2Lecture 4SCCAIn lecture 3, we introduced several acceleration curves:Constant accelerationSimple harmonicModified trapezoidalModified sineCycloidalThese very different looking curves can all be defined by the same equation with only a change of numeric parameters.This family of acceleration functions is referred to as the SCCA (sine-constant-cosine-acceleration) functions and will all have the same general shape.To reveal this similitude, it is first necessary to normalize the variables in the equations.
3Lecture 4SCCANormalize the independent variable, cam angle q, by dividing it by the interval period, b: x = q / bThis normalized value, x, then runs from 0 to 1 over any interval.The normalized follower displacement is: y=s/hs = instantaneous follower displacementh = total follower lift/riseThe normalized variable y then runs from 0 to 1 over any follower displacement.The general shapes of the s v a j functions of the SCCA family are shown:
4Lecture 4Interval b divided into five zones zones 0 and 6 represent the dwells on either side of rise (or fall)Widths of zones 1-5 are defined in terms of b and one of three parameters, b, c, d.Normalized velocityNormalized accelerationNormalized jerkValues of b, c, d define the shape of the curve
5Lecture 4For each zone, there will be a set of equations for s, v, a, and j that is defined by parameters and coefficientsZone 0 all functions are zeroIn Zone 1 Equations for zones 2 through 6 can be found in the text (pages )Note that Ca, Cv, and Cj are dimensionless factors applied to acceleration, velocity, and jerk, respectively:At the end of the rise in zone 5 when x=1, the expression for displacement must have y=1 to match the dwell in zone 6
6Lecture 4 For the five standard members of the SCCA family: Infinite number of family members as b, c, and d can take on any set of values that add to 1.
7Lecture 4SCCATo apply the SCCA functions to an actual cam design problem only requires that they be multiplied or divided by factors appropriate to the particular problem:Actual rise, hActual duration, b (radians)Cam velocity, w (rad/sec)
8Lecture 4Comparing the shapes and relative magnitudes of cycloidal, modified trapezoidal, and modified sine acceleration curves (acceptable cams):Cycloidal has theoretical peak acceleration ~1.3 times that of modified trapezoid’s peak value for the same cam specification.Peak acceleration of modified sine is between those of cycloidal and modified trapezoids
9Lecture 4Modified sine jerk is somewhat less ragged than modified trapezoid but not as smooth as cycloid (which is a full-period cosine)
10Lecture 4Peak velocities of cycloidal and modified trapezoid functions are sameEach will store the same peak kinetic energy in the follower trainPeak velocity of modified sine is the lowest of the functions shownPrincipal advantage of the modified sine acceleration curve and why it is often chosen for applications in which the follower mass is very large
11Lecture 4Peak values of acceleration, velocity, and jerk in terms of total rise, h, and period, b.
12Lecture 4Different acceleration functions will provide different dynamic characteristics.For low acceleration modified trapezoidalFor low velocity modified sineThe designer must ultimately choose the appropriate function.Remember, it’s important to consider the higher derivatives of displacement!Nearly impossible to recognize differences by looking only at displacement functionsNote how similar the displacement curves look for the double-dwell problem:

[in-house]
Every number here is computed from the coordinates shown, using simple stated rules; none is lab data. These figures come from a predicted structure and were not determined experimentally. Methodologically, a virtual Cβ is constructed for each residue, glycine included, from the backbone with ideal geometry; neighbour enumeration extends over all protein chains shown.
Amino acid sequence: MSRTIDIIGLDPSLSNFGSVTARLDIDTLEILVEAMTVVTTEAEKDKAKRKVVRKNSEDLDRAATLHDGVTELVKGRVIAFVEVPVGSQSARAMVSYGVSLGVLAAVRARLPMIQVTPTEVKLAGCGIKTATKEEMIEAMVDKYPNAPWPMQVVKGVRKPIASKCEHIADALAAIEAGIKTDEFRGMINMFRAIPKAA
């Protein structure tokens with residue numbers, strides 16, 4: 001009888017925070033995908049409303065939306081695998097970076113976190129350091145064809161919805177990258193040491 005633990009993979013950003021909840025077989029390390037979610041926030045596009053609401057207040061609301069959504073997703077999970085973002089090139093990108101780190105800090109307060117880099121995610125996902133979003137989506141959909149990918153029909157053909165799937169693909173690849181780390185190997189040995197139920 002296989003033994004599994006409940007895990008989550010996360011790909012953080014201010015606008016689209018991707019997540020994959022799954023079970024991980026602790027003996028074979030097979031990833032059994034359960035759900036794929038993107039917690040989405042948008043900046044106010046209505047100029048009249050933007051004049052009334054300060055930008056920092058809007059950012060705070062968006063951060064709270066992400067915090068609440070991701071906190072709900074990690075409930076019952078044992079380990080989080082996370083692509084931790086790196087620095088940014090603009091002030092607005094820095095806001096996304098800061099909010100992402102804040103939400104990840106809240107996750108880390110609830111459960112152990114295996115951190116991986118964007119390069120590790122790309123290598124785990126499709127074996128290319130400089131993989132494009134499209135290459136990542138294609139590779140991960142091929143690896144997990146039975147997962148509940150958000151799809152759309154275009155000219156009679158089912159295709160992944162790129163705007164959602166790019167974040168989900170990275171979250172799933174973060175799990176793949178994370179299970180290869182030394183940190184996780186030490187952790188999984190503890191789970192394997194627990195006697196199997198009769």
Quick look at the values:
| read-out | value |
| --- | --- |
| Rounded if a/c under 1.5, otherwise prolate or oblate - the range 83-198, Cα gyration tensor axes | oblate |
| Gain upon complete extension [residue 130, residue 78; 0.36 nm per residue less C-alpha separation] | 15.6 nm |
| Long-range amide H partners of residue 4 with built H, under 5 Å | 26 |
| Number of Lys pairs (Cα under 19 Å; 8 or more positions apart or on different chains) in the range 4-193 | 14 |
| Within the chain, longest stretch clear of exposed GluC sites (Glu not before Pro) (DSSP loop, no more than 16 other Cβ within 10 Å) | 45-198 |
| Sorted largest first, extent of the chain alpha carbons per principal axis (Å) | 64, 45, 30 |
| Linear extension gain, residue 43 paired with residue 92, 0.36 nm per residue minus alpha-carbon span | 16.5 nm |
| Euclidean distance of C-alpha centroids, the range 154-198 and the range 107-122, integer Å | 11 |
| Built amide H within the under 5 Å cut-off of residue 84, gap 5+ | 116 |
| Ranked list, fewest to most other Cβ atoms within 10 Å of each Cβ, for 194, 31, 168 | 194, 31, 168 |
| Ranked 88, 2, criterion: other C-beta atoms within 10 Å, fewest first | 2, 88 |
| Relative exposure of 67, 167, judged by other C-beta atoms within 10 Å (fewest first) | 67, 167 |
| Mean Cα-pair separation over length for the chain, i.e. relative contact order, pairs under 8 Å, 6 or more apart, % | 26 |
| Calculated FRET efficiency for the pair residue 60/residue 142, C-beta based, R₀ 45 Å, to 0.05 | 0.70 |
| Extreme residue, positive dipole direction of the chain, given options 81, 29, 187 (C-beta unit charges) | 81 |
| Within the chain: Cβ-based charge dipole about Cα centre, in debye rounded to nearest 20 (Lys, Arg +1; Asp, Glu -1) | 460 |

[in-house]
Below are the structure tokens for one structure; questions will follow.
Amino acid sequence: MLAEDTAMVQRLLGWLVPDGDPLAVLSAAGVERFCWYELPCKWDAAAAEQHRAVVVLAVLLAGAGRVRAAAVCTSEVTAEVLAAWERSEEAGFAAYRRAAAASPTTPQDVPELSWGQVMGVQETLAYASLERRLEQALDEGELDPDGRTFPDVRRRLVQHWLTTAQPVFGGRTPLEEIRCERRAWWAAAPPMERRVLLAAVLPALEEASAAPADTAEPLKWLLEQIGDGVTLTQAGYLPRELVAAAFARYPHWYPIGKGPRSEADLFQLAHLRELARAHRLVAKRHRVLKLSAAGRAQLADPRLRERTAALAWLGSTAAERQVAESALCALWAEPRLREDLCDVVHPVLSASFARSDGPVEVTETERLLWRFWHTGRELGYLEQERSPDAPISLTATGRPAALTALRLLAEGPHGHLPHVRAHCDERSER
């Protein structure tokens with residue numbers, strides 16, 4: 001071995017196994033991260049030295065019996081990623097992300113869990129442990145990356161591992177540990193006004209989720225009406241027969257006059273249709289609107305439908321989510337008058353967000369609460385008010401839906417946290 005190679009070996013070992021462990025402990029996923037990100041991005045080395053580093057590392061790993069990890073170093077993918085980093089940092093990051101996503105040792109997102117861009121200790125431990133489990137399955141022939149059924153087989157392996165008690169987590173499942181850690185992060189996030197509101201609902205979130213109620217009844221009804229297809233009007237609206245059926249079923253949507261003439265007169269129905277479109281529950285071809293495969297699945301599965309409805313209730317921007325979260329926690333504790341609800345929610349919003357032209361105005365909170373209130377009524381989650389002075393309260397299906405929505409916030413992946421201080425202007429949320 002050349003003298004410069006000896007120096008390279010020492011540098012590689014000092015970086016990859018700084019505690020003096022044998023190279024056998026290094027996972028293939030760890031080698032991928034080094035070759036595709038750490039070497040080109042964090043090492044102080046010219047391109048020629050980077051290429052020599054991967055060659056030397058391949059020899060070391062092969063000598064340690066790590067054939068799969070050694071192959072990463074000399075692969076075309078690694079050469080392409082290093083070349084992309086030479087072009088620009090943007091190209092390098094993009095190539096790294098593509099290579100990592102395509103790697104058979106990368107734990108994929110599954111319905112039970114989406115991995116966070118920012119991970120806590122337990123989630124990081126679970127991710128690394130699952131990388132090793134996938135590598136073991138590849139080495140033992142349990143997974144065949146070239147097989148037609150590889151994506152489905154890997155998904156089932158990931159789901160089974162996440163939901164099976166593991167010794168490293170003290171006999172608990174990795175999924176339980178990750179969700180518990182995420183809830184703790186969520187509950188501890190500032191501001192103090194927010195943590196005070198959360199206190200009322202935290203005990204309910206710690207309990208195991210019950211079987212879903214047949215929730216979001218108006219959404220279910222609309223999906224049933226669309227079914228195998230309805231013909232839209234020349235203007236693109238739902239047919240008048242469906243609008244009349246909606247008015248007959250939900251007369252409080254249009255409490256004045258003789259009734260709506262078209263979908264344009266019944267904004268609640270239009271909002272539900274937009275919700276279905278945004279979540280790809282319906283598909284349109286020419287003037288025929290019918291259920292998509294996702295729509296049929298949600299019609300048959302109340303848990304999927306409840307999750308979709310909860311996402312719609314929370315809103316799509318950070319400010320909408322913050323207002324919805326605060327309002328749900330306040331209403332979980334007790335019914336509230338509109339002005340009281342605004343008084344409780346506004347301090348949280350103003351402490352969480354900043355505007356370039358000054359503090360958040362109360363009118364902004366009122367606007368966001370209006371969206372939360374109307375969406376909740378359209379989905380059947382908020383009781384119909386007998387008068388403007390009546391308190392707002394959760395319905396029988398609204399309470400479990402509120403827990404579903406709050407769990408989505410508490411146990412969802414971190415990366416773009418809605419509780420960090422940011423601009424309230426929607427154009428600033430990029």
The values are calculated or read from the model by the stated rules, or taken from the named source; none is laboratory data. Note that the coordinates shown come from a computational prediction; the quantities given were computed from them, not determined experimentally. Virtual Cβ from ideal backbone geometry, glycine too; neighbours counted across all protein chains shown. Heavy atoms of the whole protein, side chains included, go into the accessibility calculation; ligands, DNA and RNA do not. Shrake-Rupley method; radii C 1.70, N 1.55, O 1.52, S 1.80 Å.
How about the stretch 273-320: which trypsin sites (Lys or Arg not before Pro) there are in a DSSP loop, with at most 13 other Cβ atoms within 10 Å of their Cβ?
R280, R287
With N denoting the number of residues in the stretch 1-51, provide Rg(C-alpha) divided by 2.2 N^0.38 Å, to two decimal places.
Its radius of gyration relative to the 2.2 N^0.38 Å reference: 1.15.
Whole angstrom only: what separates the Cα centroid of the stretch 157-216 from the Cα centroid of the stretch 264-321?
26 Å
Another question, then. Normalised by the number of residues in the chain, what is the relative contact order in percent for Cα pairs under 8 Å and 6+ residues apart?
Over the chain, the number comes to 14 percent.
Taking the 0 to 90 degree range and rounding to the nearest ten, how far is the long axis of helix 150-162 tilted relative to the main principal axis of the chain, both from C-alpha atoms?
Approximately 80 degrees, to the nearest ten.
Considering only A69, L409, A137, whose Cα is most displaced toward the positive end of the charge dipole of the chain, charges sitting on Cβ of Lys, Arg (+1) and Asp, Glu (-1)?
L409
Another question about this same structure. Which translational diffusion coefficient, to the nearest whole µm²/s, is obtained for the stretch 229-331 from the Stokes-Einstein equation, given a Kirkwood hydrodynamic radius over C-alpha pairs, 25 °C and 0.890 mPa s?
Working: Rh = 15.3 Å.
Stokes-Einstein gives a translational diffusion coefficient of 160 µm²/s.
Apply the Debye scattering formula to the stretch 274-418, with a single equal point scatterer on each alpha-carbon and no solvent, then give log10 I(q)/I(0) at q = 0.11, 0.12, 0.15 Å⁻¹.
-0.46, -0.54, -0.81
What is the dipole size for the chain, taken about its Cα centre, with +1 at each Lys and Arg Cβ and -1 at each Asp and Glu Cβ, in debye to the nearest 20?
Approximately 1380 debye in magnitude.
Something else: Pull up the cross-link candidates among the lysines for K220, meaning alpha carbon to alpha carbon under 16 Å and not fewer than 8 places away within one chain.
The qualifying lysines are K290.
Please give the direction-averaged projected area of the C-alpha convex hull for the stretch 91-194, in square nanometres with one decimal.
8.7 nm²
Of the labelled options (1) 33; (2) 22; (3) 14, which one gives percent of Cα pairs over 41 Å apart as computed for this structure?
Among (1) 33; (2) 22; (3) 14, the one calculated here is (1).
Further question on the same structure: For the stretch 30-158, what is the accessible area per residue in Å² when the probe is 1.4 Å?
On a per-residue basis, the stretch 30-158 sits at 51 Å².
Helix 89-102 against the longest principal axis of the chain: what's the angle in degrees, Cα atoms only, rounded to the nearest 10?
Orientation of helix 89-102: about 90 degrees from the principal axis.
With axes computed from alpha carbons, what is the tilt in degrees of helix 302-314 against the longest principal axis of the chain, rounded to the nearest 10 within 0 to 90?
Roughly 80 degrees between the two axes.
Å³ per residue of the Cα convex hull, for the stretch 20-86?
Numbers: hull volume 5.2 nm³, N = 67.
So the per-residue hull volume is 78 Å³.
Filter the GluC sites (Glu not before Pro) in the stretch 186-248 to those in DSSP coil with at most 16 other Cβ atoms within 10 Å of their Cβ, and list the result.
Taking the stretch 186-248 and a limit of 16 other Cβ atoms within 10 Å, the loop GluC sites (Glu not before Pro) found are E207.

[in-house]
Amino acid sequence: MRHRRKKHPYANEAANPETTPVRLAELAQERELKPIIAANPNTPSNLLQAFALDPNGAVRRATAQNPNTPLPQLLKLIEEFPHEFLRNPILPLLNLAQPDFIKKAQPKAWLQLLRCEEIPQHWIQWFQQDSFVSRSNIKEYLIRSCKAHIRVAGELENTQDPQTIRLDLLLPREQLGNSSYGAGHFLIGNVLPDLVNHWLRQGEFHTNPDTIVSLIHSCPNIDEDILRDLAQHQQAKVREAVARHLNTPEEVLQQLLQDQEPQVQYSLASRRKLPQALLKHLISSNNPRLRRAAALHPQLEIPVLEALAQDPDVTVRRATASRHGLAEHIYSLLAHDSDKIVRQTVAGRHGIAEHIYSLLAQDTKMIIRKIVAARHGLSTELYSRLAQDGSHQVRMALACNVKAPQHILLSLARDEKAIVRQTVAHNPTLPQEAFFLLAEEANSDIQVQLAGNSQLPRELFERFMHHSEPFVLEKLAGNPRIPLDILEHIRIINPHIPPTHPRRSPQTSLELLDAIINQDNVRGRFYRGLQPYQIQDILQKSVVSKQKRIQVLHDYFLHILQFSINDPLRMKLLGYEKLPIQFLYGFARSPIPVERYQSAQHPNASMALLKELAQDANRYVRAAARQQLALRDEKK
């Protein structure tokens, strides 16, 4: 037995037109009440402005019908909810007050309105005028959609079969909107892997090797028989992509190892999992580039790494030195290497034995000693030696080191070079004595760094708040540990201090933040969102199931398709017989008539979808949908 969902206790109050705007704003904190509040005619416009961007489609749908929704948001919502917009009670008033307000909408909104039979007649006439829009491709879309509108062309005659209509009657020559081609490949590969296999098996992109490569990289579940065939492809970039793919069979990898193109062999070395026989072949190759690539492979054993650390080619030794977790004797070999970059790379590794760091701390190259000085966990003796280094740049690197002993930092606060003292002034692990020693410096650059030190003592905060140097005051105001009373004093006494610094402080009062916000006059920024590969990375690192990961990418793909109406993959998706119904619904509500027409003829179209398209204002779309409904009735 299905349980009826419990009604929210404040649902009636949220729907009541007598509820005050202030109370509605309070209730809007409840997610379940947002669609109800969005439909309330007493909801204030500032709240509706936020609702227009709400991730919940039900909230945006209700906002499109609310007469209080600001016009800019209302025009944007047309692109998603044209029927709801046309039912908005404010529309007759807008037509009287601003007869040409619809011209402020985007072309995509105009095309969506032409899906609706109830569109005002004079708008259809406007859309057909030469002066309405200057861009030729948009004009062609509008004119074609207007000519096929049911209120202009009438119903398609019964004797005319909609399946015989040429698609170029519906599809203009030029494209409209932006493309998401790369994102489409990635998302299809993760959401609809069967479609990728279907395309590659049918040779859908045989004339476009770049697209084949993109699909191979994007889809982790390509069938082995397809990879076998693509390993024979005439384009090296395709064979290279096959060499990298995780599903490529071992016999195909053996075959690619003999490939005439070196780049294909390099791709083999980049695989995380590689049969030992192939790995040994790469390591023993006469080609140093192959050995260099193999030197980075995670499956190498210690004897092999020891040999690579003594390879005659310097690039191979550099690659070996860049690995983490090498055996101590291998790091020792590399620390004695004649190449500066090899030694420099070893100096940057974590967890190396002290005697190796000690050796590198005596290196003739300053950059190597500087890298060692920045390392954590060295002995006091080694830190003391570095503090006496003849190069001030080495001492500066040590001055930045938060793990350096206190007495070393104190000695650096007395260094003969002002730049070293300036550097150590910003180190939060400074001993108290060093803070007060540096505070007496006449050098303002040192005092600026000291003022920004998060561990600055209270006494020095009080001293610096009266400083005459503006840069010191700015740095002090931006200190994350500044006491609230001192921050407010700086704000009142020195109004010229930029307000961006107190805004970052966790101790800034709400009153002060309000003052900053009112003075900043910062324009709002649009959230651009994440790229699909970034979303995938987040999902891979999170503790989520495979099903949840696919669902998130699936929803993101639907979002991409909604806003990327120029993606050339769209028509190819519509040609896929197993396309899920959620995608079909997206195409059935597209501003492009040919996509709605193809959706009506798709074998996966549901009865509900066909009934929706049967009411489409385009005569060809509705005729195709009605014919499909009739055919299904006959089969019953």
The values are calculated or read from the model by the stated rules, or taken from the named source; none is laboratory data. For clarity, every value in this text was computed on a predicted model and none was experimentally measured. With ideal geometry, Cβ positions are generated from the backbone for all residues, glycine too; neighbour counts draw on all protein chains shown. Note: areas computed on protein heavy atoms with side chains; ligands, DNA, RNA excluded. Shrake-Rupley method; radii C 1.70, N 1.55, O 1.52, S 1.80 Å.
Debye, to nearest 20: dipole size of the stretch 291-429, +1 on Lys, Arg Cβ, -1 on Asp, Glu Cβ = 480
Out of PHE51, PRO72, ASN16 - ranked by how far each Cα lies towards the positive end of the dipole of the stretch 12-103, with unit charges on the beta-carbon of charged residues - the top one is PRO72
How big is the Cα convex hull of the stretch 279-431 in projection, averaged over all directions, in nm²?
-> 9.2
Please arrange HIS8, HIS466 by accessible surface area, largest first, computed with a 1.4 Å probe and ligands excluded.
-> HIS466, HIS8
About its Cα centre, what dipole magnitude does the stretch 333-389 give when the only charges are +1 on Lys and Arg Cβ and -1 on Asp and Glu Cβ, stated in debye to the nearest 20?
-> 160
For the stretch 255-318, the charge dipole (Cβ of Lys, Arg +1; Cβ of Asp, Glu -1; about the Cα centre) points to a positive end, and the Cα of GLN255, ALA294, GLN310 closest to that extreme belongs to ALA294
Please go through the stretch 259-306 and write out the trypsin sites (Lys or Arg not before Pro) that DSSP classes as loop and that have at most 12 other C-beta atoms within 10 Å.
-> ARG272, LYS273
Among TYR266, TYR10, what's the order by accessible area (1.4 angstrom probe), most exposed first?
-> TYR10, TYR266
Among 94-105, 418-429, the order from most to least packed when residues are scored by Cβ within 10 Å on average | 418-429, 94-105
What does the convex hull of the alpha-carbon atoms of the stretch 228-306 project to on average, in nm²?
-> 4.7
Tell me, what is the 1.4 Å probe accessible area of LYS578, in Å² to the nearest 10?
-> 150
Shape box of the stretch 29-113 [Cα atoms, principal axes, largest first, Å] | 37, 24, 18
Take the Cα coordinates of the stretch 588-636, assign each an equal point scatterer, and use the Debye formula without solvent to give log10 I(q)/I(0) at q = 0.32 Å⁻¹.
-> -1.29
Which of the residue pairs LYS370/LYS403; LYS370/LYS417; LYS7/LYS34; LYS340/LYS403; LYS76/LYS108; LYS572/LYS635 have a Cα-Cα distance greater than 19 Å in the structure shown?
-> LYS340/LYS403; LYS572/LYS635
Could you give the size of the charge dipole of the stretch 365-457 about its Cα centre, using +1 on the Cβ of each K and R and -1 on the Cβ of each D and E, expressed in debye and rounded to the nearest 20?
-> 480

13Lecture 4Polynomial FunctionsThe class of polynomial functions is one of the more versatile types that can be used for cam design.Not limited to single- or double-dwell applicationsCan be tailored to many design specificationsThe general form of a polynomial function is:s = Co + C1x + C2x2 + C3x3 + C4x4 + … + Cnxnwhere s is the follower displacement, x is the independent variable (q/b or time t)C coefficients are unknown and depend on design specification
14Lecture 4Polynomial FunctionsWe structure a polynomial cam design problem by deciding how many boundary conditions we want to specify on the s v a j diagrams.Number of BCs then determines the degree of the resulting polynomial.If k represents the number of chosen BCs, there will be k equations in k unknown C coefficients and the degree of the polynomial will be n = k – 1.
16Lecture 4 4-5-6-7 polynomial: Polynomial Functions Equation of cam design’s displacement becomes𝑠=ℎ 35 𝜃 𝛽 4 −84 𝜃 𝛽 𝜃 𝛽 6 −20 𝜃 𝛽 7polynomial has smoother jerk for better vibration control compared to polynomial, cycloidal, and all other functionsHowever, higher peak acceleration is observedJerk is constrained
17Lecture 4 Kloomok and Muffley Developed a system of CAM design that uses three analytical functionsCycloidHarmonicEighth power polynomialThe selection of the profiles to suit particular requirements is made according to the following criteria:1) Cycloid provides zero acceleration at both ends. Therefore it can be coupled to a dwell at each end. Because the pressure angle is relatively high and the acceleration returns to zero, two cycloids should not be coupled together.2) The harmonic provides the lowest peak acceleration and pressure angle of the three curves.3) The eighth-power polynomial has a non-symmetrical acceleration curve and provides a peak acceleration and pressure angle intermediate between the harmonic and the cycloid.